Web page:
Modern Machine Shop

DEC 2018

Modern Machine Shop is focused on all aspects of metalworking technology - Providing the new product technologies; process solutions; supplier listings; business management; networking; and event information that companies need to be competitive.

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Page 73 of 115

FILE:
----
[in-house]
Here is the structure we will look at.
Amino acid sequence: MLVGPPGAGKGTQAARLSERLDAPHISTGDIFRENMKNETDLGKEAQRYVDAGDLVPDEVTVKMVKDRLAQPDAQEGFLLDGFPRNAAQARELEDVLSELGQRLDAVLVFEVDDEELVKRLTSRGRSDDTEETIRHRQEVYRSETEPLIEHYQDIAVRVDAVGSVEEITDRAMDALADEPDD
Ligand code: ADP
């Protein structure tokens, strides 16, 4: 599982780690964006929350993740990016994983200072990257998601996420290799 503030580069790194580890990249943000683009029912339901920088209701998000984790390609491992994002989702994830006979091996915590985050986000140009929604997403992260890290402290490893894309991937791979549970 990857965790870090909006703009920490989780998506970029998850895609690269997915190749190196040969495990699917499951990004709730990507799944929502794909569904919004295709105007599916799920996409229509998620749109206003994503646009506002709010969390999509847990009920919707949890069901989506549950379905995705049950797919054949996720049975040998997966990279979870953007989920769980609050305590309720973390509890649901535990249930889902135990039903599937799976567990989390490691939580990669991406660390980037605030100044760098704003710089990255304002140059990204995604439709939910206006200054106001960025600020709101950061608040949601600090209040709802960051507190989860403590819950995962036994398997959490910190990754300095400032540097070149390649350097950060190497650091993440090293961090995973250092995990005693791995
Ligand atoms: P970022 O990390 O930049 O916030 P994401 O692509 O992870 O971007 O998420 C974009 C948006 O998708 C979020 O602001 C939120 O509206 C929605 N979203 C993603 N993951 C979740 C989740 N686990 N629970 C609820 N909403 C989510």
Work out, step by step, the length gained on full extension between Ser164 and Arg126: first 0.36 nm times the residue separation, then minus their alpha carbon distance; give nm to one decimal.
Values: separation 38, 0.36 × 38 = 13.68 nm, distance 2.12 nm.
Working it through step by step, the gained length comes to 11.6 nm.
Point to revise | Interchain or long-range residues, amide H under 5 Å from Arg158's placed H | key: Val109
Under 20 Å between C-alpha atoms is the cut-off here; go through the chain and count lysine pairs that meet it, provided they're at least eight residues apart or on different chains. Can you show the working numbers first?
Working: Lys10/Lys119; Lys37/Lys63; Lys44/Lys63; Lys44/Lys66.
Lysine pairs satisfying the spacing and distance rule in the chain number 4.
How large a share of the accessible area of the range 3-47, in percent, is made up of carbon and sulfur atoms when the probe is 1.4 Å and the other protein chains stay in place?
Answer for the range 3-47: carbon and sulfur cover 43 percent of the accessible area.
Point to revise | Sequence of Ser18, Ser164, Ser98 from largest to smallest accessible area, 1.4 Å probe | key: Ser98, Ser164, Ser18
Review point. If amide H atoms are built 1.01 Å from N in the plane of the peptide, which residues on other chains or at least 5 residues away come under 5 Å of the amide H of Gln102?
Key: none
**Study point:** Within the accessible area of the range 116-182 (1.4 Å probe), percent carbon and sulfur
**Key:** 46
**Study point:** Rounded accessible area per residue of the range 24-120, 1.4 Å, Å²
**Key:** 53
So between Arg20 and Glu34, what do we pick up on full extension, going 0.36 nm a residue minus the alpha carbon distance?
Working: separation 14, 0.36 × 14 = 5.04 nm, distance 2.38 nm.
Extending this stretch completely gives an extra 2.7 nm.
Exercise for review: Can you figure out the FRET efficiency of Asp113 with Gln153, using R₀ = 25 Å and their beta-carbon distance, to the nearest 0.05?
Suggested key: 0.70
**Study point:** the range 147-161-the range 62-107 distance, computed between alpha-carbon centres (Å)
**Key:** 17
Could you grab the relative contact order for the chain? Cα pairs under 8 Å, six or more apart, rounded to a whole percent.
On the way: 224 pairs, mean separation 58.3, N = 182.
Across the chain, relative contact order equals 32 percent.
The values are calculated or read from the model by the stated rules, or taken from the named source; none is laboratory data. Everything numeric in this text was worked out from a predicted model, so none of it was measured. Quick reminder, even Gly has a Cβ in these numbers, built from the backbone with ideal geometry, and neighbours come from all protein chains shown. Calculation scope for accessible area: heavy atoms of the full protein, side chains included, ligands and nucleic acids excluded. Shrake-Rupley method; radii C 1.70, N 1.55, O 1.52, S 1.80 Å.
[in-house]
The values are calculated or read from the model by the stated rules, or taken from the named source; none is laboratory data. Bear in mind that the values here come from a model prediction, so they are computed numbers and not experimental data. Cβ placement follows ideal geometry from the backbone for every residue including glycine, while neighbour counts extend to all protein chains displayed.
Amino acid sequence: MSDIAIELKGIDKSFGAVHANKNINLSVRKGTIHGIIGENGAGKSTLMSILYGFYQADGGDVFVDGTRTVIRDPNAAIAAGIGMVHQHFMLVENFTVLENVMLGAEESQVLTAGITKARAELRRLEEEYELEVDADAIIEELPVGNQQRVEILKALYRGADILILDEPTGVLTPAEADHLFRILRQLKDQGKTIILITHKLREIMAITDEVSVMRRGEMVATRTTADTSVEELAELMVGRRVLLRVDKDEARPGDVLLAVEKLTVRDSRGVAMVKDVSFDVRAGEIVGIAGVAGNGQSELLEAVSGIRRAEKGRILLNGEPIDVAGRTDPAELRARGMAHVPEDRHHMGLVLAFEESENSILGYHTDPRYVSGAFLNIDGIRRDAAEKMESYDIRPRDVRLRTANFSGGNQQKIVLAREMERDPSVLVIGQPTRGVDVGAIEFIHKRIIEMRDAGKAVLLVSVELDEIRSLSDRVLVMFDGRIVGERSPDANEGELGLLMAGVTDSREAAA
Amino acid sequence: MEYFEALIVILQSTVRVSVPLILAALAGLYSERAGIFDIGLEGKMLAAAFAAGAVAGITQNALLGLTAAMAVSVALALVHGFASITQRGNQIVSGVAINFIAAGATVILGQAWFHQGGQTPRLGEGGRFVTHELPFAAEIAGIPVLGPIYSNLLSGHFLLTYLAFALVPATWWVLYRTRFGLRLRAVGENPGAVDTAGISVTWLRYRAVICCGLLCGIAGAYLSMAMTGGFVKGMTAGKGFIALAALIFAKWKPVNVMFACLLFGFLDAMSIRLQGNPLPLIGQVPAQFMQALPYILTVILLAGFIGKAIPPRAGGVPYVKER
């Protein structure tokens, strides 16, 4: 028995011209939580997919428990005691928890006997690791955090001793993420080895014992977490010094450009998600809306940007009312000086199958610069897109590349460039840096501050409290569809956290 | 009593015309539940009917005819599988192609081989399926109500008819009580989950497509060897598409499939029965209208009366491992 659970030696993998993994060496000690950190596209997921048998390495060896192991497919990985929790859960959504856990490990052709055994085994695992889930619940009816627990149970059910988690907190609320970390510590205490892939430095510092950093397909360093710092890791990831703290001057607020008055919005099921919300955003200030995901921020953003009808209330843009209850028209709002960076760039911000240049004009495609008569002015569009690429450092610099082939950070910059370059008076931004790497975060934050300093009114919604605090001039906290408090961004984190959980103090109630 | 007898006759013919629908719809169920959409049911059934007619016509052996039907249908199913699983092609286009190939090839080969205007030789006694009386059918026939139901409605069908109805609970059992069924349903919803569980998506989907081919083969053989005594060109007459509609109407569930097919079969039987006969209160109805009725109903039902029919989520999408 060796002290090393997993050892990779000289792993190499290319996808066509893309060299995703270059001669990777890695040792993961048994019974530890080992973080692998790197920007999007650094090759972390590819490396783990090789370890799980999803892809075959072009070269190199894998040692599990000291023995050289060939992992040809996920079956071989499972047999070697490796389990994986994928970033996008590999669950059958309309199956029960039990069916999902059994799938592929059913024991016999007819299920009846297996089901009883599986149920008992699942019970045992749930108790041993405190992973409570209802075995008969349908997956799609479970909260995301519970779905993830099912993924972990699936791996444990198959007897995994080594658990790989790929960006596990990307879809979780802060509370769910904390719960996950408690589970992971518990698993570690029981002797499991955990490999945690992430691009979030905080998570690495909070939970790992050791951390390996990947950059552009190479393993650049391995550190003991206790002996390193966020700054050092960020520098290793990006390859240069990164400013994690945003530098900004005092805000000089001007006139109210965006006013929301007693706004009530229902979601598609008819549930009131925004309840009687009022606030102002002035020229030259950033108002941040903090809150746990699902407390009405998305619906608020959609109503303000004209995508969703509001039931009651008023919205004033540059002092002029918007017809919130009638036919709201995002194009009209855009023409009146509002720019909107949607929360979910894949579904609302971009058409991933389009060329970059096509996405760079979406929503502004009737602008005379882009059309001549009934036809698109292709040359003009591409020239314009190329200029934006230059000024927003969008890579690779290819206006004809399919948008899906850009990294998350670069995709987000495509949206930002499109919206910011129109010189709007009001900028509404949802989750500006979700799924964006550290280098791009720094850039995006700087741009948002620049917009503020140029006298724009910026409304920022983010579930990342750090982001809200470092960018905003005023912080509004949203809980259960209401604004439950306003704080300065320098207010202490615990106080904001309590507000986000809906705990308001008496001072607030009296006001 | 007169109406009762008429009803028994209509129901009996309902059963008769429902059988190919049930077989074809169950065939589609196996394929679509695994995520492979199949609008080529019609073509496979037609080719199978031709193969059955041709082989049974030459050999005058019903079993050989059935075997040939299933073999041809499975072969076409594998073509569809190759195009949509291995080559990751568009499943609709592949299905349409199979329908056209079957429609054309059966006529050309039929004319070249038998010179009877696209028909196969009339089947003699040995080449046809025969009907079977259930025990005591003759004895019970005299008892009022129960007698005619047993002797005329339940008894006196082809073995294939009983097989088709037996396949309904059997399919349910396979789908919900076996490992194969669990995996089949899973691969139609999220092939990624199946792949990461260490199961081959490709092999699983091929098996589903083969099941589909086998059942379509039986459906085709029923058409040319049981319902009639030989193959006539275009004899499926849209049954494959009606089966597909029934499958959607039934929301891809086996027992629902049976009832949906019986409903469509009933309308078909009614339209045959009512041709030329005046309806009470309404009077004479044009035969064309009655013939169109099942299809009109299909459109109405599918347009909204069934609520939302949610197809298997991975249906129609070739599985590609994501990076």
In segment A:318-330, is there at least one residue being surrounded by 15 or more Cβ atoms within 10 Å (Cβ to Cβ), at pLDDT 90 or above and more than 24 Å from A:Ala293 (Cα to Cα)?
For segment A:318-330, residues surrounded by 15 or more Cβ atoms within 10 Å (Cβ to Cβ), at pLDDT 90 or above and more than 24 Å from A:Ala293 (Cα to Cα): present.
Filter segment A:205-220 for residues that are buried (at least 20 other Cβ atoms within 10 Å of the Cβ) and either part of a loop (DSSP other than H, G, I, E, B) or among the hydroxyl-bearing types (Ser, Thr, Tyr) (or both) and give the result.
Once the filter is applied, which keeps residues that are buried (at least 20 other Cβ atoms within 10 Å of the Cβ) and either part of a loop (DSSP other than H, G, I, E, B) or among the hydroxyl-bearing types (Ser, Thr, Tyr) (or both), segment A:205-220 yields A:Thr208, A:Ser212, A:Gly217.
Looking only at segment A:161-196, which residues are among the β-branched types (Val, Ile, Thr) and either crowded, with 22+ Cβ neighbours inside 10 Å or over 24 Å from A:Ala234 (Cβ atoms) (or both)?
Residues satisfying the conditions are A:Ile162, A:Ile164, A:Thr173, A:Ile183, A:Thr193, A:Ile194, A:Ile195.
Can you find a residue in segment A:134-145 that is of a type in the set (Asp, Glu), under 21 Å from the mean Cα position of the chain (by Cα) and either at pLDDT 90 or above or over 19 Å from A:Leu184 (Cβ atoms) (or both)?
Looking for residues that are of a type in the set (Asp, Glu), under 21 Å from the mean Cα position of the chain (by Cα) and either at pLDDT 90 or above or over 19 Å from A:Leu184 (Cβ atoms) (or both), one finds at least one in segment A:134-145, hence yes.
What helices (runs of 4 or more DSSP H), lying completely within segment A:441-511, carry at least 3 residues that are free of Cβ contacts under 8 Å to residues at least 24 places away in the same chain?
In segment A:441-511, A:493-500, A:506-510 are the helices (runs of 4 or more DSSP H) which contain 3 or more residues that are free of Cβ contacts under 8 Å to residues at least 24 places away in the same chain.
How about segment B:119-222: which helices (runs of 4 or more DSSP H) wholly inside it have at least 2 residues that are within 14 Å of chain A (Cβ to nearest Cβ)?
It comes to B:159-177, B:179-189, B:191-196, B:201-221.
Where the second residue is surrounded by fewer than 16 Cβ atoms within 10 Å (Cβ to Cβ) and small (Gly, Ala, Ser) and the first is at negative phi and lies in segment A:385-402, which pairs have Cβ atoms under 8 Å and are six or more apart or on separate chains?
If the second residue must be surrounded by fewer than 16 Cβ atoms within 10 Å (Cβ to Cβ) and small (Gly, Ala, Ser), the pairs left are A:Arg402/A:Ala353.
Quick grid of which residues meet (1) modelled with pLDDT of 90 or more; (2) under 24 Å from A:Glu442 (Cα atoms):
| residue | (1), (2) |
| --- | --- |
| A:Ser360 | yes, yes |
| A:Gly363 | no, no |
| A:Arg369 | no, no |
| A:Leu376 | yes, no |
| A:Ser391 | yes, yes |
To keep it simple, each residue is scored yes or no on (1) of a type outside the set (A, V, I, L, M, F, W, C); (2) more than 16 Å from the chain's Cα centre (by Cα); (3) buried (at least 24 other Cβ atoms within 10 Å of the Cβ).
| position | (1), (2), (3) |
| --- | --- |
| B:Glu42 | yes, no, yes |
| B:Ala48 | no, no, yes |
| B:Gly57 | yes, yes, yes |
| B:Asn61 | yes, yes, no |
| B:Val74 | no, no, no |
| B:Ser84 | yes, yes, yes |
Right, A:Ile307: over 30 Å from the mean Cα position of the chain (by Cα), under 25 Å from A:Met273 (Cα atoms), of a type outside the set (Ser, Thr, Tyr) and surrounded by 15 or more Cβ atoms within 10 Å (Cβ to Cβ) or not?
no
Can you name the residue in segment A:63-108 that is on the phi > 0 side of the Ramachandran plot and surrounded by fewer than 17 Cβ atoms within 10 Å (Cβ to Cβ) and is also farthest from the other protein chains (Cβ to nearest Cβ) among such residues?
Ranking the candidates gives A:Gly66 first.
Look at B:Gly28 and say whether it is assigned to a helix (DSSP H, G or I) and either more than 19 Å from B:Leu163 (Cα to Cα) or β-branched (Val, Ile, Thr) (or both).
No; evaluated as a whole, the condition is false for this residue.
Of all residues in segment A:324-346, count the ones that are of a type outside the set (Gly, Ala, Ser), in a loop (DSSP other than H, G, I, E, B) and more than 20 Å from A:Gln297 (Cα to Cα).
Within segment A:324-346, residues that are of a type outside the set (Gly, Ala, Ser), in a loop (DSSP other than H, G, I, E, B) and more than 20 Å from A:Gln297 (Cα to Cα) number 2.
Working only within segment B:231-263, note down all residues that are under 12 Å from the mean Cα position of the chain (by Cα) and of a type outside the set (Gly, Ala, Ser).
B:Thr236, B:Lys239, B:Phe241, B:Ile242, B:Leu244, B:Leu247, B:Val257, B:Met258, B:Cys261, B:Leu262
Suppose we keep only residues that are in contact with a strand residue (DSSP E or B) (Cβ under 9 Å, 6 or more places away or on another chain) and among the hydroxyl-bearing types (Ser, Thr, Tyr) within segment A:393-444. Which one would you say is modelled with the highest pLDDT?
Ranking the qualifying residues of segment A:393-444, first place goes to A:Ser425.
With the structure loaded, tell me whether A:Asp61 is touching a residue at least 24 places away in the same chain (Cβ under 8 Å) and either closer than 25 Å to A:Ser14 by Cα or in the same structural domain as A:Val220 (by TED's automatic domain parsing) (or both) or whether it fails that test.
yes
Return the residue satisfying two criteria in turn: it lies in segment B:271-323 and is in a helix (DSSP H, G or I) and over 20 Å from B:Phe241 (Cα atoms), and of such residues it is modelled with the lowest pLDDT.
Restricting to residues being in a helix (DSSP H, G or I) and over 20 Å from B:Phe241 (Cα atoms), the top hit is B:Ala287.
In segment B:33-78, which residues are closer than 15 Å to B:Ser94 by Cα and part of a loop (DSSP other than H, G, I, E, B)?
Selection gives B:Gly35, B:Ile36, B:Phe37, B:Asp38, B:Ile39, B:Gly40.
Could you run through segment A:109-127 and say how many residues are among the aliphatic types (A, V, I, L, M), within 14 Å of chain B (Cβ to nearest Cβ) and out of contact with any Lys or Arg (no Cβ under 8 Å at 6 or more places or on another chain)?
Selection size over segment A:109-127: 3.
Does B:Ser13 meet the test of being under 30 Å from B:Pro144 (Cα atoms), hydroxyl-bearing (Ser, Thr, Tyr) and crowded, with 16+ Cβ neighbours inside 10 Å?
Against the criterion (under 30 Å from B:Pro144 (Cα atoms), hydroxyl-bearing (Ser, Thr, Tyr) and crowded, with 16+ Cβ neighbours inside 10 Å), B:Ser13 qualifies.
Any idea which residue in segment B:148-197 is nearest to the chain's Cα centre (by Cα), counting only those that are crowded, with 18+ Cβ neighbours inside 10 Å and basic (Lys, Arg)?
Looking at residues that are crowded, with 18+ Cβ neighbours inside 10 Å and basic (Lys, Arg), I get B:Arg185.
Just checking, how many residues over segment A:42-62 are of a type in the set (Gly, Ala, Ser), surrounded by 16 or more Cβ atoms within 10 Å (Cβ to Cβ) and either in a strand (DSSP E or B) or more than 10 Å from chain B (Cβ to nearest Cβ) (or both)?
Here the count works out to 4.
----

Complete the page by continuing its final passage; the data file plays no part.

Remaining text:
MMS DECEMBER 2018 72 FIVE-A XIS MACHINING The Art of Shopfloor Efficiency When the Great Recession hit Linda Tool, leadership for the 66-year-old machine shop decided against cutting staff. Instead, they made a series of strategic investments and decisions around five-axis machining that has allowed them to scale up the business without increasing headcount. At 5 a.m. on most days, Robert Robles begins his shift at a machine shop in the Red Hook neigh- borhood of Brooklyn, New York. Like many other manufacturers of machined components, the floor of this shop, called Linda Tool, is laid out in rows of machines—vertical lathes, multitasking machines and multi-axis machining centers— all of which Mr. Robles tends. Out of nearly 30 employees at Linda Tool, Mr. Robles is the only person who knows the idiosyncrasies of each machine: He knows how to change the filters for several different models of machining centers, how to check and replenish the oil, measure coolant concentrations, remove chips and restock raw material. When he is finished, Mr. Robles notes the fluid levels on a clipboard attached to each machine, all of which are lined with papers that detail setup instruc- tions, cycle times, programs numbers and workholding settings. Mr. Robles, now in his mid 50s, is considered a highly skilled employee. He can thoroughly clean and recal- ibrate a machine in less than half a day—a feat that used to take a dedi- cated machine operator two days. But this story is not about Mr. Robles, as much as he may deserve the tribute. In fact, the cost savings that Linda Tool realizes from having an employee dedicated to machine maintenance may seem like an ordinary personnel choice for any small to midsize machine shop. However, when you consider what Mr. Robles encounters on his daily rounds—custom setup instructions clipped to each machine, high-priced inspection equip- ment placed strategically in the middle of the shop f loor, customizable fixturing and workholding units, multiple five-axis machining centers, and unusual tooling choices—it becomes clear that Linda Tool has made a series of smart decisions aimed at getting more out of each machining cycle and streamlining its operations. After a visit earlier this summer, it is also clear that those deci- sions have been highly effective. So what precipitated the company's highly strategized operation, and how do the compo- nents of that operation boost its bottom line? The second answer is what this story will provide in detail. The first answer is easy: The Great Recession. BRENT DONALDSON | SENIOR EDITOR

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